TED has finally found an idea not worth spreading.
If your online or offline circles include a certain brand of technology-obsessed optimist, you’ve probably been exposed to a TED Talk at one point or another.
Since the talks became available to watch online in 2006, web communities have had a love-hate relationship with the conference. On the one hand, who wouldn’t want to hear chats from cultural icons like Bill Gates, Richard Dawkins, and Bill Clinton? On the other hand, critics have attacked TED for being too elitist, too corporate, and, perhaps the most damning critique, sounding smart without actually being smart.
Now, the TED haters have even more fuel with the announcement that a recent talk about income equality from venture capitalist Nick Hanauer was deemed too controversial to post online.
According to the National Journal, the gist of the talk was that middle-class Americans create more jobs than the ultra-rich. Hanauer also contended that income equality is kind of a big deal, and that making rich people pay a little bit more in taxes won’t actually cause the collapse of the American economy.
“We’ve had it backward for the last 30 years. Rich businesspeople like me don’t create jobs. Rather they are a consequence of an ecosystemic feedback loop animated by middle-class consumers, and when they thrive, businesses grow and hire, and owners profit. That’s why taxing the rich to pay for investments that benefit all is a great deal for both the middle class and the rich.”
According to an ABC News/Washington Post poll from last November, six in 10 Americans support policies that address income inequality. While 60 percent hardly constitutes a consensus, being concerned about the widening wealth gap isn’t exactly a fringe belief either.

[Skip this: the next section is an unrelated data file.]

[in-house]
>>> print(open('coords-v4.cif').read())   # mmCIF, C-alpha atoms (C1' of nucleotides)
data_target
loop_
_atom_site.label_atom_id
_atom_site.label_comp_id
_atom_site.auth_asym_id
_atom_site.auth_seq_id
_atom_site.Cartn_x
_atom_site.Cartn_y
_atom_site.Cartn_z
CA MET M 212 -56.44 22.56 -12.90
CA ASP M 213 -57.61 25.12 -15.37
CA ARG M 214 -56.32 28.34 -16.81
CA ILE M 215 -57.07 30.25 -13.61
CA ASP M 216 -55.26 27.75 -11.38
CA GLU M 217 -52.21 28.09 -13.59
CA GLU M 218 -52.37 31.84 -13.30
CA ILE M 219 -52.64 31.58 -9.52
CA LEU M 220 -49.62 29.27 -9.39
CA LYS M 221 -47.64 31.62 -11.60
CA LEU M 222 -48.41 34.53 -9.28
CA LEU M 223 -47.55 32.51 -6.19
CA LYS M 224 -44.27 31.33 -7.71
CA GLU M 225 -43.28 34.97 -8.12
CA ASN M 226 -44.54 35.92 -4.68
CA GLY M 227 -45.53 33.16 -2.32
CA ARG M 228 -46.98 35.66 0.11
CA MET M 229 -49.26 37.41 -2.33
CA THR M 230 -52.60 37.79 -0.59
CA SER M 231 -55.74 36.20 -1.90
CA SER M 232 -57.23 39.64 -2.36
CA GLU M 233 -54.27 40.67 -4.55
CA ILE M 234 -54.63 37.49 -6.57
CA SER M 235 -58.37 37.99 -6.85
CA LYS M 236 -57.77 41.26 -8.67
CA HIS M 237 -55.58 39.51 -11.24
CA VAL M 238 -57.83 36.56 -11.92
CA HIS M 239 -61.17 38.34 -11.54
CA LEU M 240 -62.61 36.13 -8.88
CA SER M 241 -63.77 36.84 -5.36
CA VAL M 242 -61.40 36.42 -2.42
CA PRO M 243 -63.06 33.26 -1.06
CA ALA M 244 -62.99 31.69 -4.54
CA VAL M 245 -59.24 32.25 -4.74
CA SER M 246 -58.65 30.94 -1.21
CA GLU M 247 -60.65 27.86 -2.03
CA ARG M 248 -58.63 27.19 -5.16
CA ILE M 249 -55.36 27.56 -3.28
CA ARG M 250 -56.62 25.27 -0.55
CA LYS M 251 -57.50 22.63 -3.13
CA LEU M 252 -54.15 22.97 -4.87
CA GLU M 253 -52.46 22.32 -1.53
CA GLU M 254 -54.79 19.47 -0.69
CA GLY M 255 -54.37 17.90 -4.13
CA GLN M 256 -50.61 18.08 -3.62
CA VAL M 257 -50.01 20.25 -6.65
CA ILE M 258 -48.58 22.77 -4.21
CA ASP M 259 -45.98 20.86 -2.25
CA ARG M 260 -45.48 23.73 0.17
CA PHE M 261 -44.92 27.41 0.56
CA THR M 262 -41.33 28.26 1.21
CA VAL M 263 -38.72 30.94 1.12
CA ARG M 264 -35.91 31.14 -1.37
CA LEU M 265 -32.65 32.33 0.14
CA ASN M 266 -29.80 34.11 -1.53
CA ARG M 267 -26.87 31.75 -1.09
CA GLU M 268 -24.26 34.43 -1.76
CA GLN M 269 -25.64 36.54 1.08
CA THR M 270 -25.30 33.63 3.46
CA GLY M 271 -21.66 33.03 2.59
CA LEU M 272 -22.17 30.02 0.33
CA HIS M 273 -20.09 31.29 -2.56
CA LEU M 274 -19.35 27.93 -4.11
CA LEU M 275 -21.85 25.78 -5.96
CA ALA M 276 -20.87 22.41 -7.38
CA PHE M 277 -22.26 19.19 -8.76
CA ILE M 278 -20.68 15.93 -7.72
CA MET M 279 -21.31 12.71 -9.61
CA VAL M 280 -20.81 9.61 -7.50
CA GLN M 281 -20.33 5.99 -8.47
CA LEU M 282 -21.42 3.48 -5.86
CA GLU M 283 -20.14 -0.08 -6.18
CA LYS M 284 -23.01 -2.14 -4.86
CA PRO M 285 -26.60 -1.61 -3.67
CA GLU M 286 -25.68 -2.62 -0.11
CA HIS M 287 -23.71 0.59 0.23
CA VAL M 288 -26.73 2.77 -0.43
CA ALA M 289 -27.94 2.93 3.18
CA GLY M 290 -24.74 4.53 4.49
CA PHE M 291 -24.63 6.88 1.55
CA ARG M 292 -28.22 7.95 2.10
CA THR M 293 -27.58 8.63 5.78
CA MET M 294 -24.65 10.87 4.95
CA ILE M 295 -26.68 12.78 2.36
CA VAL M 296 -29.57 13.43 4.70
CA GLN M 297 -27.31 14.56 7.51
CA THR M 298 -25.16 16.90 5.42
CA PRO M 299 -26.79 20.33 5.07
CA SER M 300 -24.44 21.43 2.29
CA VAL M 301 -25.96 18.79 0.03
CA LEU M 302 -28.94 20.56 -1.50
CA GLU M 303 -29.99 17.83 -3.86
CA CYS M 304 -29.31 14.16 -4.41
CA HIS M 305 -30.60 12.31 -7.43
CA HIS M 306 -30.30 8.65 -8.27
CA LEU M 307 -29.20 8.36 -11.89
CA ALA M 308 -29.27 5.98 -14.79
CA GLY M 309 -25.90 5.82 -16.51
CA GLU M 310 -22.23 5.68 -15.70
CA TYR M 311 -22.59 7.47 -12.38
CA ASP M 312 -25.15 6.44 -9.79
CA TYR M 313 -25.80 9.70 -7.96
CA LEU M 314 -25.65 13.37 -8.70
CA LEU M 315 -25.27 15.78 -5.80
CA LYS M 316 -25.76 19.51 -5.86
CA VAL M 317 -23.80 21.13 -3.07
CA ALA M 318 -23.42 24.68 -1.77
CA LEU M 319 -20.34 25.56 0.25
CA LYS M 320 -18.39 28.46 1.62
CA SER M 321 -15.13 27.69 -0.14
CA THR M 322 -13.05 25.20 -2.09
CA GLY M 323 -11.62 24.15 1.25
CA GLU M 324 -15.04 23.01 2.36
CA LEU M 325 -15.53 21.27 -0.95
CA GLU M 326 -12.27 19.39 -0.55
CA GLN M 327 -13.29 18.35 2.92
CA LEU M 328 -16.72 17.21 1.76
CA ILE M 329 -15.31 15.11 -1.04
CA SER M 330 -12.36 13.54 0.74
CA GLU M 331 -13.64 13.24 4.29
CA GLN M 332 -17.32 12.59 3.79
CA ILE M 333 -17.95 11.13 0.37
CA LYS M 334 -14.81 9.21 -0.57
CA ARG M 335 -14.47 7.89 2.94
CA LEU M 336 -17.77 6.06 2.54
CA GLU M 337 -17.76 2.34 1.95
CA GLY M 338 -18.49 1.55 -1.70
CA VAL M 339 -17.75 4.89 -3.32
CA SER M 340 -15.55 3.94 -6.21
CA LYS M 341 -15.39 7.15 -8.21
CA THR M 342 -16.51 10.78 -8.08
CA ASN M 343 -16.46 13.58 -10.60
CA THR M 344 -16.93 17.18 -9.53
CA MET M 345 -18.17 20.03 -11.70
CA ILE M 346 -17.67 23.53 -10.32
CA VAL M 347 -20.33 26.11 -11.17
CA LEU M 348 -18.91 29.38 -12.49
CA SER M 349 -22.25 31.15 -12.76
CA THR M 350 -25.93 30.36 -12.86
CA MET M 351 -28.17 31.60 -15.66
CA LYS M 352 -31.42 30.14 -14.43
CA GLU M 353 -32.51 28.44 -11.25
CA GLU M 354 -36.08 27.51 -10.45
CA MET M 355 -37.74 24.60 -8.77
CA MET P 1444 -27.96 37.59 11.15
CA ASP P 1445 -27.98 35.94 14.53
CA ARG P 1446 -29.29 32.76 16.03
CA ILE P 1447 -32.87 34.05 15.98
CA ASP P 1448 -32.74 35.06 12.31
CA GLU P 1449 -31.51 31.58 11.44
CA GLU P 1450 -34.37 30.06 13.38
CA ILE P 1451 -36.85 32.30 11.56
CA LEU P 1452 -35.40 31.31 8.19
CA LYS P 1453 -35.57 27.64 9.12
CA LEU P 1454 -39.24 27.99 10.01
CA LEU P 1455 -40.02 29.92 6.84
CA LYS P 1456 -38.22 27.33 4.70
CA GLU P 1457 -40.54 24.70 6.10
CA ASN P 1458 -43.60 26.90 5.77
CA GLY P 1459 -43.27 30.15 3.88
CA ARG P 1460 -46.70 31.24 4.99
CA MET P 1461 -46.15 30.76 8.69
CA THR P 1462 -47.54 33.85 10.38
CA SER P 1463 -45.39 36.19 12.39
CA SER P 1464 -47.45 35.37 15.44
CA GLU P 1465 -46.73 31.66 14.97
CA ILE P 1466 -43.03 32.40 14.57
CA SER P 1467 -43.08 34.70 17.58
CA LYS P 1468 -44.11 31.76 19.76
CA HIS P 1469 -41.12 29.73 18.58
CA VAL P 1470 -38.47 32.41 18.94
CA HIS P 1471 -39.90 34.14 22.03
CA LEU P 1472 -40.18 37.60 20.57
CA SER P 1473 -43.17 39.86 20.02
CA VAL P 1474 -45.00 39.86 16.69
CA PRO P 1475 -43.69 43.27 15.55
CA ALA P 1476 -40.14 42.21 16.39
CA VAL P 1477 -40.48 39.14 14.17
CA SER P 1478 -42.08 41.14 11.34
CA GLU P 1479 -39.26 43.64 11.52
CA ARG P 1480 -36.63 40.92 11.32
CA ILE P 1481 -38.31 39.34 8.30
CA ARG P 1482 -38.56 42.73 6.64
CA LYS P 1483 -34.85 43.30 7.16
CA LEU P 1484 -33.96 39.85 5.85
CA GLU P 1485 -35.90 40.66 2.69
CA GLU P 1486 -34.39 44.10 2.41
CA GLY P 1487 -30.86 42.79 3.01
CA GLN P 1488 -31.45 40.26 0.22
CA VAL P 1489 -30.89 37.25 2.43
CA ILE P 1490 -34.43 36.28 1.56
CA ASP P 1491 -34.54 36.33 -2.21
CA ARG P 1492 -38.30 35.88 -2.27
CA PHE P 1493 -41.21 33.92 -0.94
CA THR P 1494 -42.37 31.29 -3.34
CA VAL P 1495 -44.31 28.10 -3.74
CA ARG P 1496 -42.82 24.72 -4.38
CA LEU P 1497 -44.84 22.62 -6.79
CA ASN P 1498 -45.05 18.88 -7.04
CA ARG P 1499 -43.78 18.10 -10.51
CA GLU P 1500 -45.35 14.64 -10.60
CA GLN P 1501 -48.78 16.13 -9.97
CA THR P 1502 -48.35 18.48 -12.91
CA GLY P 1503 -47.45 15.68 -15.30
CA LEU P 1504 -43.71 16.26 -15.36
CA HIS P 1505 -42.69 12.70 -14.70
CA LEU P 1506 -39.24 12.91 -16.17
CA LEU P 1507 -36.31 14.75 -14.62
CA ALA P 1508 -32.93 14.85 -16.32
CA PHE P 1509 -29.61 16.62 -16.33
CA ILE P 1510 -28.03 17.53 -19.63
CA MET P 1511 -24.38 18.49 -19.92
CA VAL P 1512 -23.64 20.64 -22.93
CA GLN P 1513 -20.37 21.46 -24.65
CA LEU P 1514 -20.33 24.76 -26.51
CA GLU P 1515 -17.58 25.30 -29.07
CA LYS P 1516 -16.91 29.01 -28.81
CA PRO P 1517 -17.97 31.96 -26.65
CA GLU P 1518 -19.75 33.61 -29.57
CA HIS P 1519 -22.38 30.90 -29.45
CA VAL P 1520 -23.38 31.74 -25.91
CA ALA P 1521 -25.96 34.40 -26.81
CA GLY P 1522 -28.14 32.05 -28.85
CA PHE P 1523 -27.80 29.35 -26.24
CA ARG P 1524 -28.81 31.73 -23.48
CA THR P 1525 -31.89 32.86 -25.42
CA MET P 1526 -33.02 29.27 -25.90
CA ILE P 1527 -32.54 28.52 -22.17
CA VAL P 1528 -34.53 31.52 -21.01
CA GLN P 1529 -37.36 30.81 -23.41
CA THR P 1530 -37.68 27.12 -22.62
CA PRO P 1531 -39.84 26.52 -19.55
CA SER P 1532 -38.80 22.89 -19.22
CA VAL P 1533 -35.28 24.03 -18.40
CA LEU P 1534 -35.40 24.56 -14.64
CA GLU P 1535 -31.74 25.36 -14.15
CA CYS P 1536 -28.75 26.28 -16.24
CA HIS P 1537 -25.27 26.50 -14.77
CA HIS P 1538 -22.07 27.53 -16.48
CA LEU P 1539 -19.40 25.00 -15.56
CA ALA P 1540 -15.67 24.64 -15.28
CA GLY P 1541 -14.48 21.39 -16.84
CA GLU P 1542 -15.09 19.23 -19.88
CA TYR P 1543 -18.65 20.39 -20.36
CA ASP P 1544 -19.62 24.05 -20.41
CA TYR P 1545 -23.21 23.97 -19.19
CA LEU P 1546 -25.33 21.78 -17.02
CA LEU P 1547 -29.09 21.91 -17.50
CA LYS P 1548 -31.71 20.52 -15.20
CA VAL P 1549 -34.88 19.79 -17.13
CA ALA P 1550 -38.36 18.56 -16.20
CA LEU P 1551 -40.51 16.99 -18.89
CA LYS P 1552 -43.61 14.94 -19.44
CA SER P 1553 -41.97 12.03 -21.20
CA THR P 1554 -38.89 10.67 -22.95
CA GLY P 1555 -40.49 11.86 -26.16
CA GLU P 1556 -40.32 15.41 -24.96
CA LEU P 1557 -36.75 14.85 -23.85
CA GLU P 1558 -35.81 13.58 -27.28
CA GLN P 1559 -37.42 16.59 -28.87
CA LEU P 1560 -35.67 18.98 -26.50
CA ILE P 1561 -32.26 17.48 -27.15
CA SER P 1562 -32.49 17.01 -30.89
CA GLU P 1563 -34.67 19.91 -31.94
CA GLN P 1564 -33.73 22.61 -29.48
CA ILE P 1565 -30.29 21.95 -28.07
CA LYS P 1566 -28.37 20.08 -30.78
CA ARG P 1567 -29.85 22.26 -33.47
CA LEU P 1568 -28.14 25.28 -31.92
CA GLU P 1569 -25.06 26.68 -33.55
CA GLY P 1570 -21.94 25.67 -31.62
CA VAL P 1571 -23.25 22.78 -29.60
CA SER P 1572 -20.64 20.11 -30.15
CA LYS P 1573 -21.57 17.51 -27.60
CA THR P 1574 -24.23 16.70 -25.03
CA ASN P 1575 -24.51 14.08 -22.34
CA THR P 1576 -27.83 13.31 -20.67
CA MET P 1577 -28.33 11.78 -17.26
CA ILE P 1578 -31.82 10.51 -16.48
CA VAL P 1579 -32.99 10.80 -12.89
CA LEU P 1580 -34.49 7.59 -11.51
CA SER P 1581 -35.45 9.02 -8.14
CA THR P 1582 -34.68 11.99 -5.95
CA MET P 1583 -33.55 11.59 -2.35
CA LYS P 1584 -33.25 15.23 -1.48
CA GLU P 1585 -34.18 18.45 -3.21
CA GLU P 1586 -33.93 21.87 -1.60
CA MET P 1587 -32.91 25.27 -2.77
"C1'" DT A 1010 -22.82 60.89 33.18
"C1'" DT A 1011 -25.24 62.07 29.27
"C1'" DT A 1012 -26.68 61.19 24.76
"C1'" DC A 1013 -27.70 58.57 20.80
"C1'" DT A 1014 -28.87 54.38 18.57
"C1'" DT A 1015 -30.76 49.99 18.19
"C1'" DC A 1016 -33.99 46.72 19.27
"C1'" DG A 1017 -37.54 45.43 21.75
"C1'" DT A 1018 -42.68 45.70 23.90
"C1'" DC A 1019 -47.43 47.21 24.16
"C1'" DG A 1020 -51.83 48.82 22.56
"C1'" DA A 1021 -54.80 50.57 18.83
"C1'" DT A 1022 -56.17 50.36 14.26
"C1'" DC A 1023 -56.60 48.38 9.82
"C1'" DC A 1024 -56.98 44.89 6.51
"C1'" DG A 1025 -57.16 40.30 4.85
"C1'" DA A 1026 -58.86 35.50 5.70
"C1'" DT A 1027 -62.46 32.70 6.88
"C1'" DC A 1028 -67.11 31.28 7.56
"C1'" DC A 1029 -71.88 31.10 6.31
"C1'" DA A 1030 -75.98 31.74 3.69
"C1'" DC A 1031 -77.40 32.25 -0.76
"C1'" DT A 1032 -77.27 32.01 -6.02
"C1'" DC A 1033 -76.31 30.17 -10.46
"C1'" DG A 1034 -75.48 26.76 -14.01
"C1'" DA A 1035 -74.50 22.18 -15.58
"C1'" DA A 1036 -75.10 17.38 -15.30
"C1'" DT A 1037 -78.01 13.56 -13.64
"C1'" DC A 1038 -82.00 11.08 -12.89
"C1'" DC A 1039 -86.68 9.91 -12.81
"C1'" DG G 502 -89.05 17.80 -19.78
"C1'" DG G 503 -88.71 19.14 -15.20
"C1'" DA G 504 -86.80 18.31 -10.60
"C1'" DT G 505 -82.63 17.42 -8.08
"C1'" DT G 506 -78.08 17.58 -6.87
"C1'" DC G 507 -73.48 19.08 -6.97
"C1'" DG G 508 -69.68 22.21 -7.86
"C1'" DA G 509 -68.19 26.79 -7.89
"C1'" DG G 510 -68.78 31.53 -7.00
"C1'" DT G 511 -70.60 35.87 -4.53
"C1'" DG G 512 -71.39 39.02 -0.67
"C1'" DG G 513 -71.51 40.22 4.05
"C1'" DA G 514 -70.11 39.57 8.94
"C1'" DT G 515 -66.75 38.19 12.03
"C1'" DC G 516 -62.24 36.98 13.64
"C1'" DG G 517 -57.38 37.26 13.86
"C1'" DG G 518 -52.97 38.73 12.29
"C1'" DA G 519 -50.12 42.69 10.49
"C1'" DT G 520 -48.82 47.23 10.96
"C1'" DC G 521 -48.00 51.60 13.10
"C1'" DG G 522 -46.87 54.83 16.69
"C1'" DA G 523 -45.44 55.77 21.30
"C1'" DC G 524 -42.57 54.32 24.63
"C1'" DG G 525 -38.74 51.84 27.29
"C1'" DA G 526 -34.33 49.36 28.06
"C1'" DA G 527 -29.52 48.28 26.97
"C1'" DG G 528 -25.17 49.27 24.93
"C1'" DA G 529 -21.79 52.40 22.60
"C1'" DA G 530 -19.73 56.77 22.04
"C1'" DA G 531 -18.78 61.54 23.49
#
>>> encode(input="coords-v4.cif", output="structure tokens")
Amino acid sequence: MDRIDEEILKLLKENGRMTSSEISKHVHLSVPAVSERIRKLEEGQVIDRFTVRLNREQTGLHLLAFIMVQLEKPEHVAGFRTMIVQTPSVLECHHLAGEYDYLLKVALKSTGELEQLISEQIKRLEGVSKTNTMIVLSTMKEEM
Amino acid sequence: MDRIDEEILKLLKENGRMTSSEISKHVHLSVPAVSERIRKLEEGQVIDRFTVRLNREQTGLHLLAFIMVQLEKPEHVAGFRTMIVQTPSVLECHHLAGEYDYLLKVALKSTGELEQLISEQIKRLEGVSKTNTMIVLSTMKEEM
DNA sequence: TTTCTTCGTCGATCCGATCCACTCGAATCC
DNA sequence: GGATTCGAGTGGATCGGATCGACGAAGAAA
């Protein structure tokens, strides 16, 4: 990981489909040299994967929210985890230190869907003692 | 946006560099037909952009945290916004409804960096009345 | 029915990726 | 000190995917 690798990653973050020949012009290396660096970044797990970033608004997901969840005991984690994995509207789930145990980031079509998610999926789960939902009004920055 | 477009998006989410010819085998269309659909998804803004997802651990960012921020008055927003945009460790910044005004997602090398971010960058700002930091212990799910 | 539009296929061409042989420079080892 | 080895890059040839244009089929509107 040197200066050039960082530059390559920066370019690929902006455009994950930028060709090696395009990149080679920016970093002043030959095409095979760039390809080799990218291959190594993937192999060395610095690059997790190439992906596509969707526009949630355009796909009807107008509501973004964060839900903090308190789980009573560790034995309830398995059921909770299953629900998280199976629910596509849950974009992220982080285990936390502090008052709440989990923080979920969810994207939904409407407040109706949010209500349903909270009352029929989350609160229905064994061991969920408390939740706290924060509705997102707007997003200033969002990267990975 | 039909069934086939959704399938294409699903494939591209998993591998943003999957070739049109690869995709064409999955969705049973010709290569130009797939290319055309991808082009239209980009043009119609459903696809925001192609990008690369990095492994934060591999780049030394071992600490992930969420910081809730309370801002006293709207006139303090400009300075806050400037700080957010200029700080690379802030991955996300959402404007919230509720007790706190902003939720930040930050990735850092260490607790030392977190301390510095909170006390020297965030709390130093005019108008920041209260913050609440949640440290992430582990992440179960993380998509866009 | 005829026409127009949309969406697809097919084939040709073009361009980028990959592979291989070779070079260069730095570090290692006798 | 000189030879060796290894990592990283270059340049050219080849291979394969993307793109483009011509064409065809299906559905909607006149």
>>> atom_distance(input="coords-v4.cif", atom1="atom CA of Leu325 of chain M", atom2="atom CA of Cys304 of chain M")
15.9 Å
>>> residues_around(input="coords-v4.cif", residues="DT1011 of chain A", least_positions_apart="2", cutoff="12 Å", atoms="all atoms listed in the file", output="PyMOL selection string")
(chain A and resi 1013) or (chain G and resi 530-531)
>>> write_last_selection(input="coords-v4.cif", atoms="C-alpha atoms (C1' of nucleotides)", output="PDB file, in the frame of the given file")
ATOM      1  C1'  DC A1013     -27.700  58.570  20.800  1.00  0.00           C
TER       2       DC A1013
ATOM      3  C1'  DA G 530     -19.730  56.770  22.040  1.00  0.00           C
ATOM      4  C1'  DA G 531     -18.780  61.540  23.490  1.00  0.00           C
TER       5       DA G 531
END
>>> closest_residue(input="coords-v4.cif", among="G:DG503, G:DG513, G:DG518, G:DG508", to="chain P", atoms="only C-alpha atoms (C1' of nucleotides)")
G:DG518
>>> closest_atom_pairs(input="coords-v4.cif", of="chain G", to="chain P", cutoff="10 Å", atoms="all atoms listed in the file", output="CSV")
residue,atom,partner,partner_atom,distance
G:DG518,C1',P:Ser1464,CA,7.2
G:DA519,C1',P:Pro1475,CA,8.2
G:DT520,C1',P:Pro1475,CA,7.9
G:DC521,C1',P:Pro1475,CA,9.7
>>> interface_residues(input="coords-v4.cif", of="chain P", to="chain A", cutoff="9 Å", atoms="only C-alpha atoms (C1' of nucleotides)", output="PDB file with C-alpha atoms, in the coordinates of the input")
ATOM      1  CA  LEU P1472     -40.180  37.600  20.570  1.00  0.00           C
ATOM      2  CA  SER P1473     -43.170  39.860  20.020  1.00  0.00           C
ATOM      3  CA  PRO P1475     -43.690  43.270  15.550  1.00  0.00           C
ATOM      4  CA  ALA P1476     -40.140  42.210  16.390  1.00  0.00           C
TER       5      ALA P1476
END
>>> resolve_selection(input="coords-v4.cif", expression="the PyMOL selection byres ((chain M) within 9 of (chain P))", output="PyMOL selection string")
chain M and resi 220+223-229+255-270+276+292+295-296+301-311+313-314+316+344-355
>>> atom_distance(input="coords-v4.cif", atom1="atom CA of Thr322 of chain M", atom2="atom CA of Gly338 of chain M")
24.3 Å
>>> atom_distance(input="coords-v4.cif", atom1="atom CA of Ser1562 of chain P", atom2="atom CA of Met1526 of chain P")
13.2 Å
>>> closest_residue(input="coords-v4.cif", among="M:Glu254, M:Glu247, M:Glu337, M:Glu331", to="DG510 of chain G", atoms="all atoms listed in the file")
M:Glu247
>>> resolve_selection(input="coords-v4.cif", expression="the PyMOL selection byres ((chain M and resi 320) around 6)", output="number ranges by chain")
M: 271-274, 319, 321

Shortly after the news broke, NYU journalism professor Jay Rosen came out swinging against TED in a Facebook post (full disclosure: Rosen was one of my professors at NYU):
“Good lord, this is pathetic! TED talks have become world famous behind their clever and highly effective three-word slogan: Ideas worth spreading. Well, here's a story about what that slogan really means. If your ideas are "too political" for an election year, if they threaten to divide the audience because the politics of income inequality is inherently divisive, if what you have to say as a thinker and author disturbs the non-partisan fantasy life of TED organizers, then suddenly those ideas are NOT worth spreading, according to TED. I haven't given a TED talk. But I have given a TEDx talk (two.) Now I'm kind of embarrassed about it.”
“Doesn't bode well for my forthcoming TED Talk "Gamifying the Complete Destruction of the Parasitic Rich"
“download this a+ TED talk "Typography Or Some Other Bullshit You Fixate On While Even the Meager Welfare State Evaporates" [LINK NOT FOUND]”
TED curator Chris Andersen responded to the National Journal in an email:
“Many of the talks given at the conference or at TED-U are not released. We only release one a day on TED.com and there's a backlog of amazing talks from all over the world. We do not comment publicly on reasons to release or not release [a] talk. It's unfair on the speakers concerned. But we have a general policy to avoid talks that are overtly partisan, and to avoid talks that have received mediocre audience ratings."
It’s not like this is the first time a TED talk has covered political ground. Earlier this year, Clay Shirky delivered an “emergency TED talk” on the dangers of the Stop Online Piracy Act (SOPA). Other talks have covered divisive topics such as climate change and contraception. All three of these talks are available to watch online.
Photo via Steve Jurvetson